In which septuagenarian Steve Satullo reflects on a visit to England around May Day 2018.
Of isolation and stasis, I am a devotee. I like to be all by myself, in one place, without interruption or excess exertion. So travel is always a stretch and a stress to me, and more so as I pass into my seventies (here’s hoping they betoken serenity, and not severity or senility). I figure that if I’ve got to put myself through it, I ought to get some writing out of it. And unaccountably, I suspect readers may be more interested in places and people far removed from my usual narrow track, when I am compelled to get outside my own head and look anew.
So the Old Man goes overseas, to see what he can see, over there in England, where his mother came from, and his son now lives and works. He’d be at sea without the ballast of his matey, or without the piloting of his daughter-in-more-than-law. He’s an “accidental tourist,” a rustic old-timer with little taste for new-fangled gadgets and citified gizmos, let alone foreign ways. But he’s also a flaneur, just strolling about and observing, without plan or purpose, but with an eye out for signs leading to wonders.
Trying to put my trip diary in something other than a plodding chronological approach, I’m going to get the time sequence out of the way right off, and then proceed with free association. So here are the stages of the trip in summary:
I: Getting there. (Tues-Weds 4/24-4/25.) Leave Lanesborough early afternoon, with plenty of leeway for stops on the way. No serious traffic hold-ups in transit to Comfort Inn in Revere, for park/fly/sleep. Way early for 10:50 plane, but pleasant enough wait. Plane less than full, so some room to stretch out. Into Heathrow by mid-morning, and bus to Oxford by noon. Nat meets us and we walk to Linton Lodge for check in, upgraded to “executive room.” CE rests, Nat goes back to work, and I go out for walk.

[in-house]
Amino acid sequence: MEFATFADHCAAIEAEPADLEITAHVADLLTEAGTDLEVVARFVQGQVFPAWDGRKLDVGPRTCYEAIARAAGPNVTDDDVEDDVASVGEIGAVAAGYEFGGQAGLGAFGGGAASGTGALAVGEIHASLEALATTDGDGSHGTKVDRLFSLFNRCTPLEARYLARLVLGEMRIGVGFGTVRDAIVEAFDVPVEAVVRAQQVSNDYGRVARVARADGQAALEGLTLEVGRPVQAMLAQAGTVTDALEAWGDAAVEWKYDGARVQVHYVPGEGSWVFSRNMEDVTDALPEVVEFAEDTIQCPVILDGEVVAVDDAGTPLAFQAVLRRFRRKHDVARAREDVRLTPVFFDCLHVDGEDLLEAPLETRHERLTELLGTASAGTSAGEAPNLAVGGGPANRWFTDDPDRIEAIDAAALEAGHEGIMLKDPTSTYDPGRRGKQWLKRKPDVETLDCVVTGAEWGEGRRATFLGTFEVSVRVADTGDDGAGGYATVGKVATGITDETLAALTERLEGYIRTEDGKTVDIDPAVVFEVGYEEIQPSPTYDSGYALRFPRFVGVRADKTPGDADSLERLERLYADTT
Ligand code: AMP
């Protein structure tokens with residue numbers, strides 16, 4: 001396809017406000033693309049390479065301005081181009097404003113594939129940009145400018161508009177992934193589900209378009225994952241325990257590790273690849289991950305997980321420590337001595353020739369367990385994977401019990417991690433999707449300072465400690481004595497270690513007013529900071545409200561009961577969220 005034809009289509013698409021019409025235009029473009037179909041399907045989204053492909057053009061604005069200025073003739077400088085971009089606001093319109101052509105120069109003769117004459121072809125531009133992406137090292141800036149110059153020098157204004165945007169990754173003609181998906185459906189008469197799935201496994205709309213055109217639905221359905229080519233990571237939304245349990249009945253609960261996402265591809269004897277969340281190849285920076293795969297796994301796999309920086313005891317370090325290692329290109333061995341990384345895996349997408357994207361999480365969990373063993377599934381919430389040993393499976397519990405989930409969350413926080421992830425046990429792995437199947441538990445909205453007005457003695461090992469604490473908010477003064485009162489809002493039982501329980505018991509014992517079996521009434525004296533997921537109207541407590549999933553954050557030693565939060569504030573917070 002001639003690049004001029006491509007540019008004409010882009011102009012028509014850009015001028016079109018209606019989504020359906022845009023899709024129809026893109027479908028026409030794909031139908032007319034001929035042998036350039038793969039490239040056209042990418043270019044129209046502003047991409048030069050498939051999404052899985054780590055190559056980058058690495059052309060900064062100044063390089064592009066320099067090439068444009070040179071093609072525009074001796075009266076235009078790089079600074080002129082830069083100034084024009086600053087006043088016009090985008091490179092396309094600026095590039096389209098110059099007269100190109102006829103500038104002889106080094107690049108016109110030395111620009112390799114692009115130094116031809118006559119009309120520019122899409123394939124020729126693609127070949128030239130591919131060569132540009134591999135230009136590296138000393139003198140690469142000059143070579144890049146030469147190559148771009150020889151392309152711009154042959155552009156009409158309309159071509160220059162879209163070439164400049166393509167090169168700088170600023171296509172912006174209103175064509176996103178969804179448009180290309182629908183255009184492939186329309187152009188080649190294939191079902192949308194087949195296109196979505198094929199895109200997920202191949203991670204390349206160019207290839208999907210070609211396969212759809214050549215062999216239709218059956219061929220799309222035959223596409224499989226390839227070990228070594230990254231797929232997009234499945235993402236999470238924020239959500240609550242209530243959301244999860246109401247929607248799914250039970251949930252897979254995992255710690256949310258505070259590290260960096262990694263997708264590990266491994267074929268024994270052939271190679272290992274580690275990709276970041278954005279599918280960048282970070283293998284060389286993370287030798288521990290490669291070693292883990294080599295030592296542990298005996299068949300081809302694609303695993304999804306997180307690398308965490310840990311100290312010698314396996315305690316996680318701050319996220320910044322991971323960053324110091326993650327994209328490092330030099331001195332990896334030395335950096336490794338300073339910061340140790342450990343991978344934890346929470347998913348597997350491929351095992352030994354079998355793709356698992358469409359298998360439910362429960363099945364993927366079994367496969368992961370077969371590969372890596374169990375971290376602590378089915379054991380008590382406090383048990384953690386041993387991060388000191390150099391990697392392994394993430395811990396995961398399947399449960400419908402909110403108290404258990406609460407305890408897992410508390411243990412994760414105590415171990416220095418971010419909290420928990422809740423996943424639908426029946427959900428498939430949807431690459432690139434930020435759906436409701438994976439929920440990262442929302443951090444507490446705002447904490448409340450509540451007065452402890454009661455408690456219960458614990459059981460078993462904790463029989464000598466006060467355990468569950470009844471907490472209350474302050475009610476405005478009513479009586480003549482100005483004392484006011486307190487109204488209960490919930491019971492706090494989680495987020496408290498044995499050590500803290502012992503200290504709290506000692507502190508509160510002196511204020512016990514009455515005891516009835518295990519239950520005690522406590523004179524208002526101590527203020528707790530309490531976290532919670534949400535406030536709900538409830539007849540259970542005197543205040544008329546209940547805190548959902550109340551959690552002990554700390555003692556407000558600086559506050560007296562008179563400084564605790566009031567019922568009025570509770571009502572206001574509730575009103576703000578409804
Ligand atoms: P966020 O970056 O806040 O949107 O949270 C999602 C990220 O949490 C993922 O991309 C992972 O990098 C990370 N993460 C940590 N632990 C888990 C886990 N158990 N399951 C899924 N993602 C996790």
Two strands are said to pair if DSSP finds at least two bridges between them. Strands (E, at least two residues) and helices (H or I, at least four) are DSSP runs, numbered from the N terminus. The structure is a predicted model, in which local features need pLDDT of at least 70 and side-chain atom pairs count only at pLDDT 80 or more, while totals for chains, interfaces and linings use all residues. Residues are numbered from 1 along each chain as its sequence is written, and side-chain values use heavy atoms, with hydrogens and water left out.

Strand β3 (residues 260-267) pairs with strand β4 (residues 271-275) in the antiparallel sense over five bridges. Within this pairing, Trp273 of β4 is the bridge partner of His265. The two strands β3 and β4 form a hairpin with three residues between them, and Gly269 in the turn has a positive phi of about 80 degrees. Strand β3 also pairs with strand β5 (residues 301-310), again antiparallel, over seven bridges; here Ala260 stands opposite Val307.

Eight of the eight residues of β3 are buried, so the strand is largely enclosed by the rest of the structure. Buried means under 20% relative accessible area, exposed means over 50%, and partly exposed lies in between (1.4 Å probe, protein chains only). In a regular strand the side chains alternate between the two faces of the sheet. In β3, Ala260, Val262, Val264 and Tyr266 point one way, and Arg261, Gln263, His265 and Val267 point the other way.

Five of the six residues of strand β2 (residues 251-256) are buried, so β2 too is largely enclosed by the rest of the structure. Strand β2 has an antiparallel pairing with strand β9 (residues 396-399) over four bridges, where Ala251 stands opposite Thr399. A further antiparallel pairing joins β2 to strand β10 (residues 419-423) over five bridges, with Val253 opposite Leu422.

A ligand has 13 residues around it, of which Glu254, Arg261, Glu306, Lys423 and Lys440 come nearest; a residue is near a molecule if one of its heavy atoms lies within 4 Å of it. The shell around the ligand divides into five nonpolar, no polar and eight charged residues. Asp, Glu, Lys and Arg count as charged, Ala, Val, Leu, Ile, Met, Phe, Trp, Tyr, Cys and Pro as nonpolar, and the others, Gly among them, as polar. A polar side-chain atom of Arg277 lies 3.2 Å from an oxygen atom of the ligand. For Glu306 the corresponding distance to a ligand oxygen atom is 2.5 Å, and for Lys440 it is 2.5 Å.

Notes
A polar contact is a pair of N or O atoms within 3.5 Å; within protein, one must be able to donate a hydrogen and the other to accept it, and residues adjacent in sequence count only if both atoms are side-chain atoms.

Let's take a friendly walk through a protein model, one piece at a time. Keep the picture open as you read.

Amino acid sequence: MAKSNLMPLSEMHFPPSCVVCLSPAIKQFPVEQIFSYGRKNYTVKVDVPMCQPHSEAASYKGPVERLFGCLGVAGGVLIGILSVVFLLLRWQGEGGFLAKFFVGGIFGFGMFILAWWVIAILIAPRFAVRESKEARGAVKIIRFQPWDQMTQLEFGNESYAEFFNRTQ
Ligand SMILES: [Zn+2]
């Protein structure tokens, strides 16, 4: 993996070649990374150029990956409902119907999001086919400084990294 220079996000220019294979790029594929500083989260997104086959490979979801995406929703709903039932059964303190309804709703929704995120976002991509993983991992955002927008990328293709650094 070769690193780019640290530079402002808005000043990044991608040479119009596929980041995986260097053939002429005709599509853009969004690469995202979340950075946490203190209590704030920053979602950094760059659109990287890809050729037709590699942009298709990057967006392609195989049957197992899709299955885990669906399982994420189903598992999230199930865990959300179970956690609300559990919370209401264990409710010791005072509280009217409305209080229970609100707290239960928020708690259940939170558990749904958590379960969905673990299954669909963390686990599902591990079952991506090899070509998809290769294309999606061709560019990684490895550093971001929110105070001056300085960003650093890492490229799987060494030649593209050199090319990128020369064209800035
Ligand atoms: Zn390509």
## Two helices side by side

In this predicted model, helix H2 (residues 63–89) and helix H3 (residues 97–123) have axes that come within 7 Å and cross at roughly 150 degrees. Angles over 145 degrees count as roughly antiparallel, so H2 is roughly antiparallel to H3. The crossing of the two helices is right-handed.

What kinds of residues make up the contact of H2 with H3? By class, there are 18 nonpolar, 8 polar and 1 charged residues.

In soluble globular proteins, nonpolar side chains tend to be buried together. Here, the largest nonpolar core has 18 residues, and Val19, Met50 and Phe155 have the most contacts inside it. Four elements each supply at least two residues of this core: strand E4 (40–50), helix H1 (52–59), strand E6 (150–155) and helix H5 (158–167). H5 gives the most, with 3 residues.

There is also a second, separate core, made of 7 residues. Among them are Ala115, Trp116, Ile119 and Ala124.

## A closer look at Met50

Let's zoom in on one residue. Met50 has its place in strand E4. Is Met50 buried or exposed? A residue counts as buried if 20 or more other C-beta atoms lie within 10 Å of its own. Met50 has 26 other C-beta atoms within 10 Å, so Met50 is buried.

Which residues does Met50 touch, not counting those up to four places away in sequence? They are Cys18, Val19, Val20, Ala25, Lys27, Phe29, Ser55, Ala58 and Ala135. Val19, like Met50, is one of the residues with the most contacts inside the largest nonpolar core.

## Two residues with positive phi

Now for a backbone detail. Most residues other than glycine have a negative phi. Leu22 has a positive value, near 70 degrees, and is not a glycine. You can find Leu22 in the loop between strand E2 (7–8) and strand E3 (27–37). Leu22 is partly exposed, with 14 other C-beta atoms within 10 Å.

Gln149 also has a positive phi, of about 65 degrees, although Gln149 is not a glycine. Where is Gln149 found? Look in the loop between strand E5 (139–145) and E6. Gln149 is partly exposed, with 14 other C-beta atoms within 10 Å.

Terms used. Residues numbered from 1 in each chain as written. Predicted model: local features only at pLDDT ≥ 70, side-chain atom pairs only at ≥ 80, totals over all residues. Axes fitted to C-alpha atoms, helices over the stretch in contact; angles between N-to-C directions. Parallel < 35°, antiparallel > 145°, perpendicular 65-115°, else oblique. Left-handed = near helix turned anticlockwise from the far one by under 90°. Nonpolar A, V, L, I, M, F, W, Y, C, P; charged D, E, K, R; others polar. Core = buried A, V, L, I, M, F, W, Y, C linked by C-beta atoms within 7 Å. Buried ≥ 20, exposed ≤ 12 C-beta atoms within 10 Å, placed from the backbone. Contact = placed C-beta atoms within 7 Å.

II: Introduction to Oxford. (Weds-Fri 4/25-4/27.) First I walk the couple of blocks over to N&N’s building, then a block past to the canal, and path alongside moored canal boats – long, low, and narrow. Soon discover Trap Grounds, a small natural preserve of swampy ground with boardwalk; see nesting swan and grey heron up close, among other spring delights. Continue walk far north, then back and over to Port Meadow. Retrieve CE after several hours, and show her some of my discoveries on way to dinner at N&N’s, which Nicole cooks delightfully, in their most attractive, light-filled apartment. Back to hotel for long shower and early night.
Next morning we walk back to N&N’s for breakfast, and after they both get down to work, CE and I walk through University Parks, and down alongside the Cherwell, past Parson’s Pleasure, down Mesopotamia Walk, and around Magdalen College to the Botanical Gardens. Meet N&N for lunch at Vault under University Church of St. Mary, next to Radcliffe Camera. Ben’s Cookies in Covered Market. After break back in hotel room, CE & I walk down canal and back up along the Thames and through Port Meadow. Another break, and then walk with N&N to Gardener’s Arms, the pub where Nat got word of his job offer after interview, then back to their place.
Friday we checked out and left bags with Nicole, walked to Ashmolean Museum to wander galleries and have lunch. Paid admission to Trinity College for gardens and chapel. Rain picks up as we walk back to N&N’s for tea, then bus with Nicole to meet Nat at car rental place. Nat drives us three hours to Airbnb in Lyme Regis; we listen to some of their favorite podcasts for entertainment along the way.